Walking Behind The Sky
"I have walked behind the sky.
For what are you seeking? " (Derek Jarman, Blue, 1993)
“It appears in veins like silver streaks.” In 1271, Marco Polo described the first time he saw Lapis Lazuli in the region of Afghanistan. Once used for decorating Tutankhamun’s Eyebows, Lapis Lazuli was among the first gemstones to be crafted on; it is not until the end of Middle Ages that it was exported to Europe and became the most intense and expensive blue pigment reserved only to crown the privileged figures; in 1706 Johann Jacob Diesbach accidentally synthetized Prussian blue which then gradually replaced Lapis lazuli; after importing the novel pigment to Japan, it burst into Hokusai’s prints as in Thirty-Six Views of Mt. Fuji (early 1830) , the prints in return exerted a powerful influence on European modern painters. Later on, in the extensive experiments of artist, colors were regarded as words yet to be expressed, objects yet to be defined and events yet to be activated; without being bound to representative form, “the pure tone ran out from the paintings […] and became the new object, the new reality” (Fernand Léger,1943).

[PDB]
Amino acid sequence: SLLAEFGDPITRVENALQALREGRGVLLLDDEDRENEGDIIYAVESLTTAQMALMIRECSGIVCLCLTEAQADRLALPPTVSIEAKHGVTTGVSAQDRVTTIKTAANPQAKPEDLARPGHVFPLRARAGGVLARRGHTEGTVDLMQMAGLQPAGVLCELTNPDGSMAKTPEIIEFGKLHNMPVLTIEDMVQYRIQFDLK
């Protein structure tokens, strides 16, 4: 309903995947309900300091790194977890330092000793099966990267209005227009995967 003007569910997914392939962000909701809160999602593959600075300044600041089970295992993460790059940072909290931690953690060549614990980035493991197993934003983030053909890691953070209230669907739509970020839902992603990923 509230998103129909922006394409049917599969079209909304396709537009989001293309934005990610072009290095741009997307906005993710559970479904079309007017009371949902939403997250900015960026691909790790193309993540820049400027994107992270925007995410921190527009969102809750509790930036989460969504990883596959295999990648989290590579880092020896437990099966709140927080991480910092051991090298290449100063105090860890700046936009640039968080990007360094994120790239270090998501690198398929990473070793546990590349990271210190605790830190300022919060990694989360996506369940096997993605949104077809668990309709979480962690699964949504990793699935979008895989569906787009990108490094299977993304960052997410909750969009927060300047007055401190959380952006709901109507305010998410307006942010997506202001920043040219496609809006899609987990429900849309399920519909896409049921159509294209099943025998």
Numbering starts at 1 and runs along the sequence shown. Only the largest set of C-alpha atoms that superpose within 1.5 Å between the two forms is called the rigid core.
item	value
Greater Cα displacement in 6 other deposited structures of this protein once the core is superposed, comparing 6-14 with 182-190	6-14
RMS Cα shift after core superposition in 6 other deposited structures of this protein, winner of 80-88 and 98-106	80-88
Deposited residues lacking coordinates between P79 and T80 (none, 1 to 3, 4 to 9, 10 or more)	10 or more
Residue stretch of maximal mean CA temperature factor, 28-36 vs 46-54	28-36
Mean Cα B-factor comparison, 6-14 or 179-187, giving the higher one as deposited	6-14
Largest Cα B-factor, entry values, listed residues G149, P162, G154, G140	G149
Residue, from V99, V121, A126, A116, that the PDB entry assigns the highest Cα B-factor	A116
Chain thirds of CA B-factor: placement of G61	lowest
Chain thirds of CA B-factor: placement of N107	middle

In 2011, honeysuckle was elected as the “color of year” by Pantone, in the press release it is stated as "In times of stress, we need something to lift our spirits. Honeysuckle is...perfect to ward off the blues." In daily life, we are surrounded by colors serving practical purposes and spoiled by a cheerful system coded by industries that aim to capitalize and reinforce its emotional connotations. Are we still capable of reinventing the moments when colors manage to sneak in and get under our skin, like being shot by a bluet?
This exhibition attempts to plunge into the “blood of sensibility” —blue—by immersing the audience in an emotional space with varied shades through history. Inspired by Robert Rauschenberg’s blue prints series, the show expands into a study on color as culture/visual device and a possible path to marvelous inner life and tangible infinity.